HC Deb 31 March 1910 vol 15 cc1584-5W

asked the Secretary to the Treasury whether he is aware that the Board of Inland Revenue in a circular, dated 3rd February, 1909, prescribed the Census Returns as the evidence to be required by pension officers in certain cases in Ireland, and, failing these, prescribed that the pension officer shall report to the committee that no evidence of age has been produced, and that the claim cannot properly be allowed; whether this Board had any, and, if so, what authority for prescribing such evidence or any evidence in regard to the question of age; if not, will he see that the circular referred to is withdrawn; and whether this circular was issued about the time when inspectors Visited Ireland and threatened pension officers that they would incur very grave responsibility if they did not appeal in every case against the decision of the local pension committee where the claimant's name could not be found on the Census Returns, even though the officer was otherwise satisfied the claimant was of the statutory age?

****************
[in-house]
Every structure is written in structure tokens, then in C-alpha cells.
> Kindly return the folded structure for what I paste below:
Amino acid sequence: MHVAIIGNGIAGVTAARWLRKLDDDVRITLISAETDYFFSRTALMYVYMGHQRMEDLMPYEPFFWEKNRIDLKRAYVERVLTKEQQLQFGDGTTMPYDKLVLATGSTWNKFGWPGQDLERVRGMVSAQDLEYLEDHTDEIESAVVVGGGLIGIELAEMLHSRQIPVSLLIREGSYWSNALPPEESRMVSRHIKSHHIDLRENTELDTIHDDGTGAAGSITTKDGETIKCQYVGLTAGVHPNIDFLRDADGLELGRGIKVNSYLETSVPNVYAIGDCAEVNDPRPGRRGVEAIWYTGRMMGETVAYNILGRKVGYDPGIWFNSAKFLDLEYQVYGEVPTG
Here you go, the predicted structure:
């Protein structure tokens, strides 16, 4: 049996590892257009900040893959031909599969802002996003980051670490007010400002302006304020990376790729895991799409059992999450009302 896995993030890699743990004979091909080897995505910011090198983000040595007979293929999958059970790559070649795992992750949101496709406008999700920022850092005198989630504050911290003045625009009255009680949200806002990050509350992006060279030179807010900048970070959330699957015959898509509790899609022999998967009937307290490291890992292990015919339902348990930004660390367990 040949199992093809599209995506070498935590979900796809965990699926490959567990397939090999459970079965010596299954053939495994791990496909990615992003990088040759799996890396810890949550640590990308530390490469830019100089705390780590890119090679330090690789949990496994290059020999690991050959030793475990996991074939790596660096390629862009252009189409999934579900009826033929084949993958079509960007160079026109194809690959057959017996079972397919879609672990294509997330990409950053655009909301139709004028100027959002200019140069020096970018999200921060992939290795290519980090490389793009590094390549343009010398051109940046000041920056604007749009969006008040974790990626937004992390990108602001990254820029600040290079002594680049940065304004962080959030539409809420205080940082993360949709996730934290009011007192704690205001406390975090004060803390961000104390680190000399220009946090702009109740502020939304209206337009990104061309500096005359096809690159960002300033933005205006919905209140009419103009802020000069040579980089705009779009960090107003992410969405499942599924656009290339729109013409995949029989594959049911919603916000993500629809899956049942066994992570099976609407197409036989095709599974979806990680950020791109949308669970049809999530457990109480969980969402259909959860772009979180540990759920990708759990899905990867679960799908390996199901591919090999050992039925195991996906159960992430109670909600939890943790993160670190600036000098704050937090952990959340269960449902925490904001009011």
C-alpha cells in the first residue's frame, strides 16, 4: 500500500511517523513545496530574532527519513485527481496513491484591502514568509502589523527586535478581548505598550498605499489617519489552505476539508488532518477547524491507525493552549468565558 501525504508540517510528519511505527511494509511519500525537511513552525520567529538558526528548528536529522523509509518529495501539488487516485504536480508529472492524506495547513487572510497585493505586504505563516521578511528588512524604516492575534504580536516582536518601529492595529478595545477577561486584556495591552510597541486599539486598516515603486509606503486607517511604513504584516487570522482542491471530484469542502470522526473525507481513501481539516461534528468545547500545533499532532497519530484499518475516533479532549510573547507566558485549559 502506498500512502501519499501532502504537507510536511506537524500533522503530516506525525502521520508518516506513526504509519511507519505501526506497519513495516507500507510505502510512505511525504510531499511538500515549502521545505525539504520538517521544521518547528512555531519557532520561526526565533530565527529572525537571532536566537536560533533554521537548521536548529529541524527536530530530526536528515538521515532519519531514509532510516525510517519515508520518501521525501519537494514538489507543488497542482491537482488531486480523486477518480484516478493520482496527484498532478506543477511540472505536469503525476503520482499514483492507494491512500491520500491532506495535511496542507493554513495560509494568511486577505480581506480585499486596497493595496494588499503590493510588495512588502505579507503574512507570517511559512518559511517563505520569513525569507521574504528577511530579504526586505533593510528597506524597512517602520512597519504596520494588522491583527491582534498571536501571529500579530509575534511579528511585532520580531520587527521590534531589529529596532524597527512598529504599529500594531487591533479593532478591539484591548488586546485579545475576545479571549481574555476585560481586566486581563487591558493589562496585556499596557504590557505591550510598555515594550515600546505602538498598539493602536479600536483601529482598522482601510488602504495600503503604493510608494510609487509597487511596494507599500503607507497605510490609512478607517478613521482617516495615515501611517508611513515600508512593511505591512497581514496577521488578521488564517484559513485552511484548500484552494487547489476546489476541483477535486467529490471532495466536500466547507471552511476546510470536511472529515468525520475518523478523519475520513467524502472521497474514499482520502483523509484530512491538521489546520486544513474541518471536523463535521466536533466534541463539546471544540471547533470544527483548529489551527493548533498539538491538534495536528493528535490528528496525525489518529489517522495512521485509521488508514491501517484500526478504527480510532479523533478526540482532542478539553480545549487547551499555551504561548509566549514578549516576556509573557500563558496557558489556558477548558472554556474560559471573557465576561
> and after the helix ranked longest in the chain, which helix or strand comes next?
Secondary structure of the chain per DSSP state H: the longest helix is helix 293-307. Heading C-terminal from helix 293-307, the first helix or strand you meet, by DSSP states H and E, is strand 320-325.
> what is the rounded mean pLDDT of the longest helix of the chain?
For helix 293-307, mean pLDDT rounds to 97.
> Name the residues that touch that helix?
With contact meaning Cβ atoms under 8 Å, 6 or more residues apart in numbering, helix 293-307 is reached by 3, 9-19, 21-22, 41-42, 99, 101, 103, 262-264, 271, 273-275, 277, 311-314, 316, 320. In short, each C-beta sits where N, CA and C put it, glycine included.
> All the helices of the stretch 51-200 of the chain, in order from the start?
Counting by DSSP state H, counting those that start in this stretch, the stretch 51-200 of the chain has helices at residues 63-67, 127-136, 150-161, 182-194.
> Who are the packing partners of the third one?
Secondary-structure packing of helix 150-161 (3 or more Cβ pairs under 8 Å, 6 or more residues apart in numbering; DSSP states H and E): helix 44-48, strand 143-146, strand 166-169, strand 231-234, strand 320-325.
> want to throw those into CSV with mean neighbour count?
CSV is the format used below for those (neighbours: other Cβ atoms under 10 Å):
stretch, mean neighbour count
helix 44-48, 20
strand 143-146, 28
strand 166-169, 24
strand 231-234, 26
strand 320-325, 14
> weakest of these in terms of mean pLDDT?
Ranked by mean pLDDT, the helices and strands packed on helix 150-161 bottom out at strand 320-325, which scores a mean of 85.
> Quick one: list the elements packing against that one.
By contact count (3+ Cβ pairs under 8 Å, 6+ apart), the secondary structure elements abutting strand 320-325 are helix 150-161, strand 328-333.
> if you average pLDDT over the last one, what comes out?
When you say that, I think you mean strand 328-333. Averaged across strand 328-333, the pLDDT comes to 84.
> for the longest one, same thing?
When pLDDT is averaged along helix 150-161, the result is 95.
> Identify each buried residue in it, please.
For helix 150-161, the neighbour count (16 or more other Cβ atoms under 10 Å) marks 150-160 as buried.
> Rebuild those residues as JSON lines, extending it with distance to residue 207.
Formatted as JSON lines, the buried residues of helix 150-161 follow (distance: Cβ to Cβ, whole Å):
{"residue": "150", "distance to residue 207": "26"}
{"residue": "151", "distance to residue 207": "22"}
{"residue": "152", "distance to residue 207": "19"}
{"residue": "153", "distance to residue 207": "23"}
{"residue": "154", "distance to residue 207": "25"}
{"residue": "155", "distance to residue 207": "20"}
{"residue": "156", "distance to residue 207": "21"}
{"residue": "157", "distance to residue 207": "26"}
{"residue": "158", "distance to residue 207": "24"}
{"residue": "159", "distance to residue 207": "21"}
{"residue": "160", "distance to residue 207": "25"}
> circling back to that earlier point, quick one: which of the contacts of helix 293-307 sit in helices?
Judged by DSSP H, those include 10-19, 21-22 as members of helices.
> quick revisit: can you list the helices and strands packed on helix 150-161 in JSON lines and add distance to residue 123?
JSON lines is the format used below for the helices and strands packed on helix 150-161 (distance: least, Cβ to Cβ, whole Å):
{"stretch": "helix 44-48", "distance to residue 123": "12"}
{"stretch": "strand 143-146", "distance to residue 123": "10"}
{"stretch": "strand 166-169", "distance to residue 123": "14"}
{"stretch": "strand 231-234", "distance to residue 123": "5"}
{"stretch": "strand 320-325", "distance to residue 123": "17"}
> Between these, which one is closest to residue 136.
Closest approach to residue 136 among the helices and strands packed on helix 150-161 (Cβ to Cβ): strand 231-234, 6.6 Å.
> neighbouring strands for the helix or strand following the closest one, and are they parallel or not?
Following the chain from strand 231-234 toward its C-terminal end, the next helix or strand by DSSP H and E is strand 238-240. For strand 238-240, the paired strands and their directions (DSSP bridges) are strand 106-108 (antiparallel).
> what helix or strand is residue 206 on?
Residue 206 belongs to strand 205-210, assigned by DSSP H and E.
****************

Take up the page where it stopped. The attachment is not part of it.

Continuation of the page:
The directions contained in the circular referred to had reference to cases where no satisfactory documentary evidence at all of age could be produced by the claimant. In such cases the Census Returns constituted the only possible source from which the claimant could hope to obtain documentary evidence of age. Under the Second Schedule of the Statutory Regulations, in determining the age of a claimant any evidence which appears sufficient for the purpose may be accepted. Under paragraph 34 of the Statutory Regulations pension officers are instructed to observe and follow the instructions and directions of the Board. It is not proposed to withdraw the circular, and I can trace no foundation for the suggestion contained in the last part of the question.